The endocrinologist entered Riley’s hospital room, and asked how things were going. Did he have any stomach aches, pain, and how were his ketones? Then he turned to me and asked the loaded question: “Was there anything else that I wanted to know about?”
Yes. I wanted to know why. Why did I have two children with juvenile diabetes? What caused it? Did I feed my kids too much sugar? What had I done? How could I prevent this from happening to yet another one of my kids?
That’s when the endocrinologist explained what we know about the disease, and what we don’t.
First, in order for a child to contract juvenile diabetes, or diabetes mellitus type I (insulin-dependent), there must be two components present. First, the child must have the genetic predisposition for the disease.
First Component: Genetic Predisposition
Apparently, some children have a genetic tendency to inherit the disease. If a child has an immediate family member with the disease, he is fifteen times more likely to develop it. However, many children with no genetic history may still contract the disease, if they have specific “markers” in their blood. Human leukocyte antigens (HLA) are a set of surface blood proteins that help to control immune function. Two specific HLA markers—HLA-DR and HLA-DQ assist the body in identifying foreign invaders. These two markers have been specifically linked with type 1 diabetes. In every child with this form of diabetes, at least one of these two antigen markers will be present in the blood. However, not every child who has one of these markers will go on to develop diabetes. And this is where the mystery lies.
Second Component: Environmental Trigger
If the child has the first component–the predisposition through heredity and the antigen markers, he will go on to develop juvenile diabetes if the environmental “trigger” is pulled. We know that there is something in the environment, like a viral strain, toxins, or certain medications, that set the destructive process in motion. However, we aren’t really sure what that trigger is. At this point, we are only guessing.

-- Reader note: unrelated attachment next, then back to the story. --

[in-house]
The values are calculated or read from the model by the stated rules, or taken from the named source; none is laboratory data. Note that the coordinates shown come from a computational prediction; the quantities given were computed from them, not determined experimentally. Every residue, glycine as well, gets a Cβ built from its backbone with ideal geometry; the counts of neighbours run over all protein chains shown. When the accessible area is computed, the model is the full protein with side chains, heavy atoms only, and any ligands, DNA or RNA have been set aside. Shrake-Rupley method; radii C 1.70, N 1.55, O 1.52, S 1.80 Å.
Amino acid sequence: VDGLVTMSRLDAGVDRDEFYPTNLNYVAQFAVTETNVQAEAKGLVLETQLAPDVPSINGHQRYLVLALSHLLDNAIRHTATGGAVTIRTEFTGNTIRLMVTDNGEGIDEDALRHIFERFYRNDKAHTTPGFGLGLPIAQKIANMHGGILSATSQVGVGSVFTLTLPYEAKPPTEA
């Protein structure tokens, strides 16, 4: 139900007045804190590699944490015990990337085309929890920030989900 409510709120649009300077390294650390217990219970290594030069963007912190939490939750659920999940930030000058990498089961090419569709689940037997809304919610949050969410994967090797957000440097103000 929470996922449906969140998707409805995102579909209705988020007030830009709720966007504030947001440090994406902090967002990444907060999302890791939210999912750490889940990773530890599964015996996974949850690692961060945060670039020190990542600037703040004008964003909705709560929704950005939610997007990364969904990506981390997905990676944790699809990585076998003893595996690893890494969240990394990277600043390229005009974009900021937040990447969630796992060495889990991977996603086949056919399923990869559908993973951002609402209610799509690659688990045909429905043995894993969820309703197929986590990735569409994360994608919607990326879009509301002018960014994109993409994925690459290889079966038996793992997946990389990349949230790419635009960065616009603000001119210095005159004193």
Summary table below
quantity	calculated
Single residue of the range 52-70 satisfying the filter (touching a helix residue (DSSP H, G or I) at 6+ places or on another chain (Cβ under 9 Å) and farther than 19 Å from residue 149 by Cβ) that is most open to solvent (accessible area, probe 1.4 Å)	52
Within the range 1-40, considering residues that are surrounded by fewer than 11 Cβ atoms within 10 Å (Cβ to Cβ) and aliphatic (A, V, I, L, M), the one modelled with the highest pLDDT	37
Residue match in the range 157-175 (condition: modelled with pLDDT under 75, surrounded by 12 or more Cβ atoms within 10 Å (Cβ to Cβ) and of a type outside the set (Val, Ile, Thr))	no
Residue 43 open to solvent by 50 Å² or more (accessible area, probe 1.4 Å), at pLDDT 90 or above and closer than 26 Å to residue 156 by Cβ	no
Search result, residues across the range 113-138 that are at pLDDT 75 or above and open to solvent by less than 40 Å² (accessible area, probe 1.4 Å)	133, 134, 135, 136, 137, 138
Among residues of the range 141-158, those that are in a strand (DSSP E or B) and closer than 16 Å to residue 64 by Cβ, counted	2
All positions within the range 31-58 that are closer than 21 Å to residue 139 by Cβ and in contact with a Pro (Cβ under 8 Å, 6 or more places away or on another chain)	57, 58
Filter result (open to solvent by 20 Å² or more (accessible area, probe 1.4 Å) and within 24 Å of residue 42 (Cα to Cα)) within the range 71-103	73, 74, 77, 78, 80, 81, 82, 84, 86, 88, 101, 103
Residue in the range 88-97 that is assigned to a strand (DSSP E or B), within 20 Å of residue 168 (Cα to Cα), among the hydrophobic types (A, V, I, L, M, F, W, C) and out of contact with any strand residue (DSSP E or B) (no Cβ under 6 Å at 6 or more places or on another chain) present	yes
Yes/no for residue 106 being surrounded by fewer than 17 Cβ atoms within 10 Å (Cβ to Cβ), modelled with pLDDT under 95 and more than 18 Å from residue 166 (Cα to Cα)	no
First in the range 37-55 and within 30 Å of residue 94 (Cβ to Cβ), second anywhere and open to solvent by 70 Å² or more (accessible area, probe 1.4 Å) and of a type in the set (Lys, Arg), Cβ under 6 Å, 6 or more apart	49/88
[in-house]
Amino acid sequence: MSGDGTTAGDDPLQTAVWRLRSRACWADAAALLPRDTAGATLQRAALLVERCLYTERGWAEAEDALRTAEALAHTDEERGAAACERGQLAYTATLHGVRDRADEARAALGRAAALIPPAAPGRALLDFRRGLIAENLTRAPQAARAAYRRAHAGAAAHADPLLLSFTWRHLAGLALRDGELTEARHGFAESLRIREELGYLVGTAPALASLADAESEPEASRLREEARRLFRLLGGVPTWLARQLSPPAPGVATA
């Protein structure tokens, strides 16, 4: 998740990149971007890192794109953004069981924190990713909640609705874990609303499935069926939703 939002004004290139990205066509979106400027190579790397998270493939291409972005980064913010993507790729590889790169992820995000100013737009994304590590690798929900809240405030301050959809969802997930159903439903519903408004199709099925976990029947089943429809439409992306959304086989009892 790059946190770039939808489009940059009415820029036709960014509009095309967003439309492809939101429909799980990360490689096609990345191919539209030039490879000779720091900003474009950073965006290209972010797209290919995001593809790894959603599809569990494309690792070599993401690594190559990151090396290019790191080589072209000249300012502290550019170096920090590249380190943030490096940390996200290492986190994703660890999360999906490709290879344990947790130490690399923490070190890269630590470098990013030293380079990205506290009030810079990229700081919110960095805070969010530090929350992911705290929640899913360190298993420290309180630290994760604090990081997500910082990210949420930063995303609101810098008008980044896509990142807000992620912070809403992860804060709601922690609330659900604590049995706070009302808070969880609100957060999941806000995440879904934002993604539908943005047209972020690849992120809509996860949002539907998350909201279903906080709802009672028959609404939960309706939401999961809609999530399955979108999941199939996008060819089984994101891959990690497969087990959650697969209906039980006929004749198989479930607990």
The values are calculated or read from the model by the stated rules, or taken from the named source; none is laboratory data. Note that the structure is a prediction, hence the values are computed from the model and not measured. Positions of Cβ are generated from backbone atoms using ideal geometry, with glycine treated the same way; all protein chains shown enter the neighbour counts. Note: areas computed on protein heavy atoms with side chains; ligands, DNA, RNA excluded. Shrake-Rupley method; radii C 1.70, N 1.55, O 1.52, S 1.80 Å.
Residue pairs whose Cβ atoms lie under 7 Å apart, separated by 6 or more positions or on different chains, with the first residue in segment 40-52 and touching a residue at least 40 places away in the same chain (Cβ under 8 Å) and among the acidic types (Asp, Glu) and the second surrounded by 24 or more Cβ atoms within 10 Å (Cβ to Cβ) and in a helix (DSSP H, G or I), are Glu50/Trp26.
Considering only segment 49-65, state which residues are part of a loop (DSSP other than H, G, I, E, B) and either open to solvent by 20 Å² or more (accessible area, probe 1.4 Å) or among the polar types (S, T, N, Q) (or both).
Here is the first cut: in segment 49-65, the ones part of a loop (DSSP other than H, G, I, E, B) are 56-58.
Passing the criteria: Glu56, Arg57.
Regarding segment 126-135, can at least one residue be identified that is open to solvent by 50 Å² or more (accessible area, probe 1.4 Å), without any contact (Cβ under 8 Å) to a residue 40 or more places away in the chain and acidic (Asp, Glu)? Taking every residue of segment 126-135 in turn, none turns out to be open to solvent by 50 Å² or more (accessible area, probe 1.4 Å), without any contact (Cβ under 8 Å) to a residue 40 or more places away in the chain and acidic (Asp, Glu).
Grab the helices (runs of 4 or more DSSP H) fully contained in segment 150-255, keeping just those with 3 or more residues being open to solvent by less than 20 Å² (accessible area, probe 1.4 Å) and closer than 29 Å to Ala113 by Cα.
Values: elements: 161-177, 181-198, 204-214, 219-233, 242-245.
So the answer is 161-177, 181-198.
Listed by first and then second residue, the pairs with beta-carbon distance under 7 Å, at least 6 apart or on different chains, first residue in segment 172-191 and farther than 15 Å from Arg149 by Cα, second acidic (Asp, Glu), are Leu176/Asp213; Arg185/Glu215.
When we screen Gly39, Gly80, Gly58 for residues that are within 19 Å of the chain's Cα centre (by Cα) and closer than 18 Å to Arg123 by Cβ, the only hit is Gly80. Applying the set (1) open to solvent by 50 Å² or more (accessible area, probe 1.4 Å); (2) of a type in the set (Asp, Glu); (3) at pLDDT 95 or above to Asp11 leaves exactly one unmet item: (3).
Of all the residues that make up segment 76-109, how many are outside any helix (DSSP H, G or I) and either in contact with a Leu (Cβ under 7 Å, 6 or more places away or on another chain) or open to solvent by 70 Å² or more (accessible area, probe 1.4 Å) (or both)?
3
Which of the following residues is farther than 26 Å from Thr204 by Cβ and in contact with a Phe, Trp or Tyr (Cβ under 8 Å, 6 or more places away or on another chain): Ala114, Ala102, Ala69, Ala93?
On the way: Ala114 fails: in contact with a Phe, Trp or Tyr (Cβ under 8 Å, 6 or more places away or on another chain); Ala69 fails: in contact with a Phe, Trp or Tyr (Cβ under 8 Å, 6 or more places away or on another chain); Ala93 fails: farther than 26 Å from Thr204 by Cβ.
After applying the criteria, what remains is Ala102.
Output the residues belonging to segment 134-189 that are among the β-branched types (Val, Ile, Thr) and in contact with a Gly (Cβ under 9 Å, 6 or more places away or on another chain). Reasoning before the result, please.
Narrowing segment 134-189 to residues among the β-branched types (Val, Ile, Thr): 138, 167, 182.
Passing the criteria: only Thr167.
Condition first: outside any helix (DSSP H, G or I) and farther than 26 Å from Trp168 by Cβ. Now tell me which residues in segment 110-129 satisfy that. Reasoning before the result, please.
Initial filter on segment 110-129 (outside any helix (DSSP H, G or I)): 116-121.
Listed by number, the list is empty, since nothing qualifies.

Should we test our children for the antigen markers?
It would be possible for me, a mother of two children with juvenile diabetes, to test my other children for the antigen markers to find out whether they are pre-disposed to the condition. The trouble is, if we learned that any of them had the predisposition, it would not mean that they were doomed to get the disease. They’d still have to come in contact with the environmental trigger, to activate it. And since we aren’t sure what that environmental factor is, there are no active steps I could take to help my children avoid it, anyway.
In other words, testing to find whether your child has the antigen markers could provide you with information, but there is little you could do with the knowledge. So my doctor did not recommend testing for the markers. However, our family did so anyway. We wanted to participate in research that might help others with juvenile diabetes in the future. We wanted to provide information for scientists that could possibly be a step toward curing this dreadful disease. So we gave our blood, not really because we wanted to find out who had the antibodies, but because we wanted to participate in helpful research. We did find out about the genetic markers for our family, as a result.
My Final Thoughts…
I am astonished to learn just how much we’re still in the dark about this disease. Fortunately, a tremendous amount of research is being done, and there is reasonable hope that a cure may be found within the next decade. Or two. I certainly hope, for my boys’ sake, that it’s soon. You can help by supporting the Juvenile Diabetes Research Foundation International.
Kristyn Crow is the author of this blog. Visit her website by clicking here.